The following are eight of the most important leadership principles I have learned as a senior leader over the past three decades. I have found that each of these leadership principles is vital to the success of any organization, whether it be faith-based or not.
1. They Continually Cast a Compelling Vision
The Bible teaches us that without a vision the people perish (Prov. 29). This means that people are like sheep and will scatter and/or lose focus if they are not continually motivated and guided as to the mission and purpose of the organization or church they belong to.
Every executive leader must be personally empowered and full of passion so he can continually remind the people of the vision and purpose of their existence. An organization without a compelling vision is going to lose momentum and membership. Leader without a compelling vision don’t know why they are leading, which will result in their organization experiencing a lack of cohesion and power.
2. They Set Practical Goals to Attain Their Vision
Having vision without practical goals to implement the vision is tantamount to merely having a dream that disappears once you wake up. Even if your vision was given to you supernaturally by the Lord, goals are necessary to take it from the mystical realm to the practical realm. For an effective goal I like using the acronym SAM. Each goal should be:
If a goal is too ambiguous then it is no good. For example, “This year our church will grow larger” is too ambiguous. If a goal is too lofty and not attainable then it is a pipe dream. For example, “This year our church will grow by 50 percent” when it has never grown more than 5 percent in the past 20 years. If a goal is not revisited to evaluate if you achieved the desired results, then it was not measured and is worthless.
Eventually, when the principles of SAM are not followed, the people in the organization become discouraged and believe that the vision of the leader is nothing more than rhetoric and good oratory, and they will cease following him or her.
3. They Build Strong, Competent Teams to Perpetuate the Vision
Every leader needs to process the vision and mission of the church with a competent team that will have ownership over its fulfillment. When leaders merely give out direction and orders to their team, then they are creating followers who can’t think for themselves. Thus, as the organization grows, the leader will have more and more burdens upon his shoulders, which will eventually become a bottleneck.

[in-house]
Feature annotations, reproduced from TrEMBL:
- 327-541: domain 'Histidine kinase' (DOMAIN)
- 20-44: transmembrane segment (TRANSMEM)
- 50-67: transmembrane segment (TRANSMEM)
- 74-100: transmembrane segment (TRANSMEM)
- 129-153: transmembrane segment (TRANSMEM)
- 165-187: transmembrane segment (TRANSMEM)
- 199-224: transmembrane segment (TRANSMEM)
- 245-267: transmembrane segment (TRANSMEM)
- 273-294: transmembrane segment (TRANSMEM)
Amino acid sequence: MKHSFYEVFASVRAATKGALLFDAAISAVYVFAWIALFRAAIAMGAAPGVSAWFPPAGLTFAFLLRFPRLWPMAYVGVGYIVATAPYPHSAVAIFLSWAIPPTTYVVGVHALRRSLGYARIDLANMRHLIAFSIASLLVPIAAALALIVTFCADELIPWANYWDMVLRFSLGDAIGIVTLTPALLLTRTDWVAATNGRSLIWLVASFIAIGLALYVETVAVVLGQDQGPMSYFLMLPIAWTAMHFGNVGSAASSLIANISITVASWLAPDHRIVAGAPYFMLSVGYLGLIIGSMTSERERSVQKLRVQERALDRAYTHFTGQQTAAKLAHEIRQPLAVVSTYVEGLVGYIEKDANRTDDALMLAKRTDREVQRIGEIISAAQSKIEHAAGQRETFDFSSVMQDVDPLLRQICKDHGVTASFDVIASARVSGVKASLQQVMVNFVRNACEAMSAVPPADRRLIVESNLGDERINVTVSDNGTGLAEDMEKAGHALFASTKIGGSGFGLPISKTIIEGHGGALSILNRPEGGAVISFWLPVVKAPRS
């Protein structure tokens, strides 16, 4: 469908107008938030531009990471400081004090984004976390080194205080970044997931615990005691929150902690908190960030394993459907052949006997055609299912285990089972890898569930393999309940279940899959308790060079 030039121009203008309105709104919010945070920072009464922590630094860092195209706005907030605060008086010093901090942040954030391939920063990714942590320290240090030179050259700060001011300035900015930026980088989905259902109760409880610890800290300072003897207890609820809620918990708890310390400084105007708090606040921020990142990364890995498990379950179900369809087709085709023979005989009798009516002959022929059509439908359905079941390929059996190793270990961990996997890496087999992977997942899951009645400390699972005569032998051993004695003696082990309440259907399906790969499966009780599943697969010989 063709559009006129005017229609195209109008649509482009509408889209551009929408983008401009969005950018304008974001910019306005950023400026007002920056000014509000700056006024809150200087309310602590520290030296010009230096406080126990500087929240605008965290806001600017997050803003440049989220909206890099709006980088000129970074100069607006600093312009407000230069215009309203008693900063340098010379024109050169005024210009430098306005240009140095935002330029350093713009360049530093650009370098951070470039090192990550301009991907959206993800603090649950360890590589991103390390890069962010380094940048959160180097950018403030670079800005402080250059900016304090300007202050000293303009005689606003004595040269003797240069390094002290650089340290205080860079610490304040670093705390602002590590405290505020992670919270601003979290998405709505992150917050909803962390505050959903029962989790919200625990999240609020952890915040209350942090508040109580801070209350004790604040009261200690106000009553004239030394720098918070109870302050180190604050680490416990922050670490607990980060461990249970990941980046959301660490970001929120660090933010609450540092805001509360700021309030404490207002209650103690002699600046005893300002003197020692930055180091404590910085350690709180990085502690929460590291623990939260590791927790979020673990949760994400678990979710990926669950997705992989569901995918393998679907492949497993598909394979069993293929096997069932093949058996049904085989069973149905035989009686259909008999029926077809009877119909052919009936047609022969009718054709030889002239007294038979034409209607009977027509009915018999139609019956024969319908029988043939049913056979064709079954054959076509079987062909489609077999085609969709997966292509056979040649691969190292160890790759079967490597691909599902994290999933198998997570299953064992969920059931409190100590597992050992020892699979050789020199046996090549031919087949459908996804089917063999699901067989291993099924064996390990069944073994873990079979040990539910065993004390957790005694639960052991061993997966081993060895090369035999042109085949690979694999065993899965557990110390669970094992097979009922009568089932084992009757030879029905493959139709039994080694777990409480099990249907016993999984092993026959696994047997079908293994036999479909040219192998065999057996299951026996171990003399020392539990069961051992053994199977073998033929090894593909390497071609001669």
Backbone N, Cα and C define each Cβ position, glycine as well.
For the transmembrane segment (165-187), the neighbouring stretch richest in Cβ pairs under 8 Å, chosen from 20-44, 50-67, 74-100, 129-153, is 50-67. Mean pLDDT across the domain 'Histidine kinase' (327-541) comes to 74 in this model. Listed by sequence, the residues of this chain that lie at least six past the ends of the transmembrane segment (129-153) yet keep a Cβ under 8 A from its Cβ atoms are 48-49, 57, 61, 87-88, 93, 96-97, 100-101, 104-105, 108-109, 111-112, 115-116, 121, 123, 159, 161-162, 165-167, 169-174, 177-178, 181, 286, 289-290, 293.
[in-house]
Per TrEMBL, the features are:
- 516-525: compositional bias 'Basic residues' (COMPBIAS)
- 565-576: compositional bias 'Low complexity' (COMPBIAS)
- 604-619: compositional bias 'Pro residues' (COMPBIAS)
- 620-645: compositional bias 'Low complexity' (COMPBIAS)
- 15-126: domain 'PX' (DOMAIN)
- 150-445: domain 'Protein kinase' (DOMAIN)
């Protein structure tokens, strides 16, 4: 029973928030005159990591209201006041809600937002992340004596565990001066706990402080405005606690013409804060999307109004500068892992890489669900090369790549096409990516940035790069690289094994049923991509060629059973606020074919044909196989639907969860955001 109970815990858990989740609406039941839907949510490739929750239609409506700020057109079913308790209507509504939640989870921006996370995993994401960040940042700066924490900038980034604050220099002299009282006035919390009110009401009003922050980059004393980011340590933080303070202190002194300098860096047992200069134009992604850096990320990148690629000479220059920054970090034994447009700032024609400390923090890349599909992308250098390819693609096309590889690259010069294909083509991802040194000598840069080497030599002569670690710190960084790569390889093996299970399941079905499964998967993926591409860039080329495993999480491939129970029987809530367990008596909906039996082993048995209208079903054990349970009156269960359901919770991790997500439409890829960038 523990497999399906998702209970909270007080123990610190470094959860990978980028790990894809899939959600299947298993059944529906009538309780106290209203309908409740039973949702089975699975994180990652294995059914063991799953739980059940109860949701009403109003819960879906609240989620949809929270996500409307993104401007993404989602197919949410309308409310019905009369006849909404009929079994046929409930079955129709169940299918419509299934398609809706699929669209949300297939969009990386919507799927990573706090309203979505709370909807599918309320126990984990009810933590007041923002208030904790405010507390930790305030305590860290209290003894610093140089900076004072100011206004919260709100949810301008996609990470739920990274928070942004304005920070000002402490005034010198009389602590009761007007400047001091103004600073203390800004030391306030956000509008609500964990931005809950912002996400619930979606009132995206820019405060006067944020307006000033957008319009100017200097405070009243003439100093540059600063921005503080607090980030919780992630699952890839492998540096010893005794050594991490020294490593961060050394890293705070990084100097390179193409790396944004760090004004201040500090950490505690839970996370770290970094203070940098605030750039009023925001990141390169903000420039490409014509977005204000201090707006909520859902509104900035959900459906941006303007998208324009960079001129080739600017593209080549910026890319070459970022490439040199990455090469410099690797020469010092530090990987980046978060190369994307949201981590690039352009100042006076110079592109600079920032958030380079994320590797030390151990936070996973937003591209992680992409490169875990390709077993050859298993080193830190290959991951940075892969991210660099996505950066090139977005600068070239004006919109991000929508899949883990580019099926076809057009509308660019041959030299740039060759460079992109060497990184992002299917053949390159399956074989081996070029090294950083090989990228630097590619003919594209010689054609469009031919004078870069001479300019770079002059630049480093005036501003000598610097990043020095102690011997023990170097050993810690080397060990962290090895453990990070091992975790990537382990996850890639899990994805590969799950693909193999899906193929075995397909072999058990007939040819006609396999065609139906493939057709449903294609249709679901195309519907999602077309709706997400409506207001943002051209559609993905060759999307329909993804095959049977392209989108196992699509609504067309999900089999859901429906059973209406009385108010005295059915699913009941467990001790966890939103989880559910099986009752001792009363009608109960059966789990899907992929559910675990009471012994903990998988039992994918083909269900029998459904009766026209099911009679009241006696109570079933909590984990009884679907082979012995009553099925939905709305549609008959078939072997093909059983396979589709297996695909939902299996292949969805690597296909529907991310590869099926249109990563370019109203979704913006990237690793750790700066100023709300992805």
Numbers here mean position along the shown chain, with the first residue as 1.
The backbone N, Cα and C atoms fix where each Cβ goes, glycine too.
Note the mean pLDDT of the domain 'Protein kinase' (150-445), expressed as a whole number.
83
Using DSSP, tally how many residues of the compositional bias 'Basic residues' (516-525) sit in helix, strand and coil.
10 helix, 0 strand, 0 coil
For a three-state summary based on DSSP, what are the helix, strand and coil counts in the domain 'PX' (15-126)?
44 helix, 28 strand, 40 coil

However, when leaders build a team around their strengths and/or weaknesses they will have people around them who will compensate for the gifts and abilities the leader doesn’t have. A leader doesn’t have to be the smartest or most capable person in the organization; leaders' greatest job is to surround themselves with the smartest and most capable people and get them to work together to accomplish the task before them.
For example, macro directive leaders need micro operational people around them, as well as team builders, to fulfill their vision. When macro leaders don’t have micro leaders then there aren’t proper systems or people in place to carry out their directives.
Finally, effective leaders are constantly encouraging and building the confidence of their team which counteracts all the negative things they either think about themselves or the negative information they are bombarded with via media and relationships. One of the greatest things an effective leader does is build faith, confidence and courage in their team so they come to the place where they believe they can achieve great things!
4. They Put First Things First
Effective leaders are continually grounding themselves in their core values of faith, family and personal renewal. Those who are not grounded will either burn out or disqualify themselves because they will eventually fail to have integrity either within themselves or in their families.
In regards to their organizations, effective leaders have learned to put their finances and time toward empowering the people with the most potential so they can bear the burden of the work and expand the capacity of the organization. They have also learned not to have transactional relationships that objectify people, so that people only feel valuable if they are contributing to the success related to fulfilling their goals. When executive leaders treat people with dignity and respect, they will get more output than if they merely use and abuse people.